New computational and statistical strategy identifies potential side effects and new targets for pharmaceutical drugs
Researchers in the US have devised a new way to predict ’off-target’ effects for pharmaceutical drugs. While drugs are usually intended to be selective for a single protein target, it is known that many can affect other proteins, a phenomenon called polypharmacology. Off-target interactions can cause potentially harmful side-effects, or in some cases an effect on an unintended target might suggest new uses for an existing drug to treat alternative conditions.
Identifying these off-target effects has proved difficult, time-consuming and costly. Now, a team led by Brian Shoichet of the University of California San Francisco has combined powerful computational, statistical and experimental techniques to predict off-target interactions.
On one side the researchers lined up 3,665 existing and experimental drugs. On the other side they assembled over 65,000 known ligands to protein receptors in the body, arranging the ligands into around 250 classes depending on the type of receptor they bind to. They then used chemoinformatics and statistical programs to identify similarities between the drugs and the set of known ligands.
’We define ligands by their topologies - atoms, functional groups, and the bonds between them,’ says Shoichet. ’There are subtle features whose importance only appears on considering the full set, or a large part of it, of the known ligands. Hence the focus on comparing drugs to the full ’ensemble’ of the known ligands.’ A second important nuance, Shoichet goes on to explain, is that all comparisons are corrected for the similarity one would expect at random. ’This allows us to give statistical weights on the similarities we would observe. This is essentially new to the field of making chemical comparisons, though it is widely used in biology - from where we stole it.’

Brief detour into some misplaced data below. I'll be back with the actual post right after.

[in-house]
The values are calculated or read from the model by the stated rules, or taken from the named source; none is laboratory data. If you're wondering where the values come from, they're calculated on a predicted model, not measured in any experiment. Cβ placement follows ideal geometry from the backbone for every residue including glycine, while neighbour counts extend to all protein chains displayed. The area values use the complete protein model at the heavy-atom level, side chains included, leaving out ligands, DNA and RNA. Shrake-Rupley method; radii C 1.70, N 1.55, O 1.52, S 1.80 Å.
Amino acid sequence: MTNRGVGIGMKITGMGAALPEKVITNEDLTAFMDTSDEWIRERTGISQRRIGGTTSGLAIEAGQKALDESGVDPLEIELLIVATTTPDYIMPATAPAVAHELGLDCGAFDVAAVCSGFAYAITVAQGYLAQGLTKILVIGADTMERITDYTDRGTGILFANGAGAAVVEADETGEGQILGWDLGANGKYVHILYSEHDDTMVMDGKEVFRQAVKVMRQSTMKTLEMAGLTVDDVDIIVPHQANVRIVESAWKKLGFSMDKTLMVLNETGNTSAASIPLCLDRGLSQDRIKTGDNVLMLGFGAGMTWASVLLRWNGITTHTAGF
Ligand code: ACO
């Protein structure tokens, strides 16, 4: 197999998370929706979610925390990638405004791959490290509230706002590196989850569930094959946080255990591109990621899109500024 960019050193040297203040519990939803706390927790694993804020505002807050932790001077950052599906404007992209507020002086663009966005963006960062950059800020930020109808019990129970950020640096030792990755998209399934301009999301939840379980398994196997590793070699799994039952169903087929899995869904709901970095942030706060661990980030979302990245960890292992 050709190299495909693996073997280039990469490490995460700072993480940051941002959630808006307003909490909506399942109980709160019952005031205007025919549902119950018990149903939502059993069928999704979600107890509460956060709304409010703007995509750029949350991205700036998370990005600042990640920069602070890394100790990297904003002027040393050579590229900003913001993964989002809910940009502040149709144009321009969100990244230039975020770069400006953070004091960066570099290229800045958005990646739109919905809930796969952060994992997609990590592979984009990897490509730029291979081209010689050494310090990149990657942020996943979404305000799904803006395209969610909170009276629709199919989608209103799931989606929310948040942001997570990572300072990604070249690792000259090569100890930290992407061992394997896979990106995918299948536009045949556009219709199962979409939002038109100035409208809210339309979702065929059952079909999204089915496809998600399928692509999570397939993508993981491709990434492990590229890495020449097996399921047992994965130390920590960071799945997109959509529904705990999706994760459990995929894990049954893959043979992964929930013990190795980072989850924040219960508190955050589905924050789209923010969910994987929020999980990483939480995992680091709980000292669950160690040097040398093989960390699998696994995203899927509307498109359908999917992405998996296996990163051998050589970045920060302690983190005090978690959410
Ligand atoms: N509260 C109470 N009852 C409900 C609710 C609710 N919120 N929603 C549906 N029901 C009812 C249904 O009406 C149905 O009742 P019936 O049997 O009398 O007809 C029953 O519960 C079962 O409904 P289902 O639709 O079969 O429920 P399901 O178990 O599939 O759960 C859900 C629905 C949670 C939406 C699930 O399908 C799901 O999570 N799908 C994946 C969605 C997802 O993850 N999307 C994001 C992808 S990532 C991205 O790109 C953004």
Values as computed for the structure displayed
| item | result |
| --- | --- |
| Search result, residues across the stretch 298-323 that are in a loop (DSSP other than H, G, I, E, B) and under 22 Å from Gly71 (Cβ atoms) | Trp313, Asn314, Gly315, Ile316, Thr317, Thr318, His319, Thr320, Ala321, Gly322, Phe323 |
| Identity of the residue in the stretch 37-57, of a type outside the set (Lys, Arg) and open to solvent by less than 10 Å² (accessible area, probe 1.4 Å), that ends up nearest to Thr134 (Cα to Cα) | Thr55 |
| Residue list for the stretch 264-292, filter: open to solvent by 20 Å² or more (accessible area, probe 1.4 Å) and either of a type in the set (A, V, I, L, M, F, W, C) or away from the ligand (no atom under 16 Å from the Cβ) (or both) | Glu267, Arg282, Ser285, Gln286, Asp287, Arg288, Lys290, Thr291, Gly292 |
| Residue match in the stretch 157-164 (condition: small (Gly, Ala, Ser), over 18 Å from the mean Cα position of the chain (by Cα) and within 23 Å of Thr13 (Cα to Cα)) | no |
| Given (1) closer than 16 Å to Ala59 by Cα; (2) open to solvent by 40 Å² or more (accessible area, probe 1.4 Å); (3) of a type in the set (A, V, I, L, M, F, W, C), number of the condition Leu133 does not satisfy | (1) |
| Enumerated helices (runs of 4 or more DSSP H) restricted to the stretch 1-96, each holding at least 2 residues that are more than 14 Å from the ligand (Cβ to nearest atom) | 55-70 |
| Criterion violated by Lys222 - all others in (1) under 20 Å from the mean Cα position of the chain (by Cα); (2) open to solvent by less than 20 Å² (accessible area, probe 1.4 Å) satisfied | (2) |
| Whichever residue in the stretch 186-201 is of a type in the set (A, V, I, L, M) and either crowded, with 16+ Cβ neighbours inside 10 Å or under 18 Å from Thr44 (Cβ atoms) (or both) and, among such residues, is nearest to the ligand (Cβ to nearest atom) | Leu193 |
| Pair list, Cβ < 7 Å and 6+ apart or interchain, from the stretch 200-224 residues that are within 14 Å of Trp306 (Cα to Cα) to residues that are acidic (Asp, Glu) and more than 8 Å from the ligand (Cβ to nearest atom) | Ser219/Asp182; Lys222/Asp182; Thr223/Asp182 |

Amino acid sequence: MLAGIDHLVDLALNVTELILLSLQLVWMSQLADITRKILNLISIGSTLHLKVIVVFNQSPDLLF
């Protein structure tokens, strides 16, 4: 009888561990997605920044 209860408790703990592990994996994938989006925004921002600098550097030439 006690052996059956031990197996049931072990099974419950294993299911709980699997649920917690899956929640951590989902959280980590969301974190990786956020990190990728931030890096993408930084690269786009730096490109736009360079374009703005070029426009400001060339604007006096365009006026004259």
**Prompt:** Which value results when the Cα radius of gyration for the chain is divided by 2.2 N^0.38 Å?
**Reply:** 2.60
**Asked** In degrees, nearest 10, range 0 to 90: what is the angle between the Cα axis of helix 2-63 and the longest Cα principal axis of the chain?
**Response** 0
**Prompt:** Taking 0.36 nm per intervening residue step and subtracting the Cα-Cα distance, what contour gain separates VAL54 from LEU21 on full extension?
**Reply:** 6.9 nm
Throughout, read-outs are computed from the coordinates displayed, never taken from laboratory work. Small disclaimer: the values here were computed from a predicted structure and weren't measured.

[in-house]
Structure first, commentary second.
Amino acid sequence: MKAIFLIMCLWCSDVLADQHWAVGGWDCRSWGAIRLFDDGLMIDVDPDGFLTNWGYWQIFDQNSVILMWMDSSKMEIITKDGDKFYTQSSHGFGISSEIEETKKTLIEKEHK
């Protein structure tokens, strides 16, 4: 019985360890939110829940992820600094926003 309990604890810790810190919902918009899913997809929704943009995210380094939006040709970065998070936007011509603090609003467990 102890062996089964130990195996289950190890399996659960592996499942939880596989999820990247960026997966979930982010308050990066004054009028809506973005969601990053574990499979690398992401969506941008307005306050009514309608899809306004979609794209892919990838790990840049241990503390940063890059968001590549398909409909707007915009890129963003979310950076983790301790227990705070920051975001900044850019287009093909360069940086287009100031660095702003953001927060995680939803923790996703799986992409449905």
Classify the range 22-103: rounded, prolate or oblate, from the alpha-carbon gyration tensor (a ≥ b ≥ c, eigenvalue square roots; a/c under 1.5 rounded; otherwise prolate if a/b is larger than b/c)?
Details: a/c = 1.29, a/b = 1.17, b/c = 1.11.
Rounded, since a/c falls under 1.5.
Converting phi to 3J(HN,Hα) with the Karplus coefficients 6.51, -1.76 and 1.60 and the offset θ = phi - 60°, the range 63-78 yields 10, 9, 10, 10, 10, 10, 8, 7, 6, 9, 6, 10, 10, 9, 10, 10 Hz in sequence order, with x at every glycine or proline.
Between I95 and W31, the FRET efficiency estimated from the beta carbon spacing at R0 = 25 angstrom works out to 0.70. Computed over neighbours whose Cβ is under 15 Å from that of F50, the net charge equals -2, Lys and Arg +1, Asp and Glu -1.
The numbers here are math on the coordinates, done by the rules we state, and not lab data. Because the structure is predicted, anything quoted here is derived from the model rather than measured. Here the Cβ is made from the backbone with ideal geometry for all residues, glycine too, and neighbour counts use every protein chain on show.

The exhaustive survey yielded hundreds of previously unrecognised possible interactions between drugs and protein receptors in the body. A number of these were confirmed by experiments in the laboratory, including the identification of the key receptor that binds the hallucinatory drug dimethyltryptamine - something that has been hotly debated recently.
Shoichet says that the approach is important in understanding and predicting side effects, and for finding new disease indications for established drugs. ’Because drugs are special molecules, really hard to develop and very thin on the ground, finding new uses for those that already exist would be a great help for drug development and human health.’
Andrew Hopkins, an expert on polypharmacology from the University of Dundee in the UK, says, ’This is a landmark paper as it shows the emerging power of chemoinformatics when connected to excellent experimentalists and applied to an important problem, i.e. predicting drug off-targets and polypharmacology.’
The work should also prove valuable to pharmaceutical companies, working to expand their drug pipelines and the get the most from their existing compounds. ’New computational techniques to systematically identify off-target receptor activity for investigational compounds are certainly of interest,’ says Kris Matykiewicz of pharmaceutical firm AstraZeneca. ’Such approaches have the potential to deliver real commercial value if they can increase the probability of success, or help avoid unanticipated adverse events. It would be a tremendous opportunity if we were to find a new way forward for a ’parked’ project or a compound that we previously had reason to shelve.’
M J Keiser et al, Nature, 2009, DOI: 10.1038/nature08506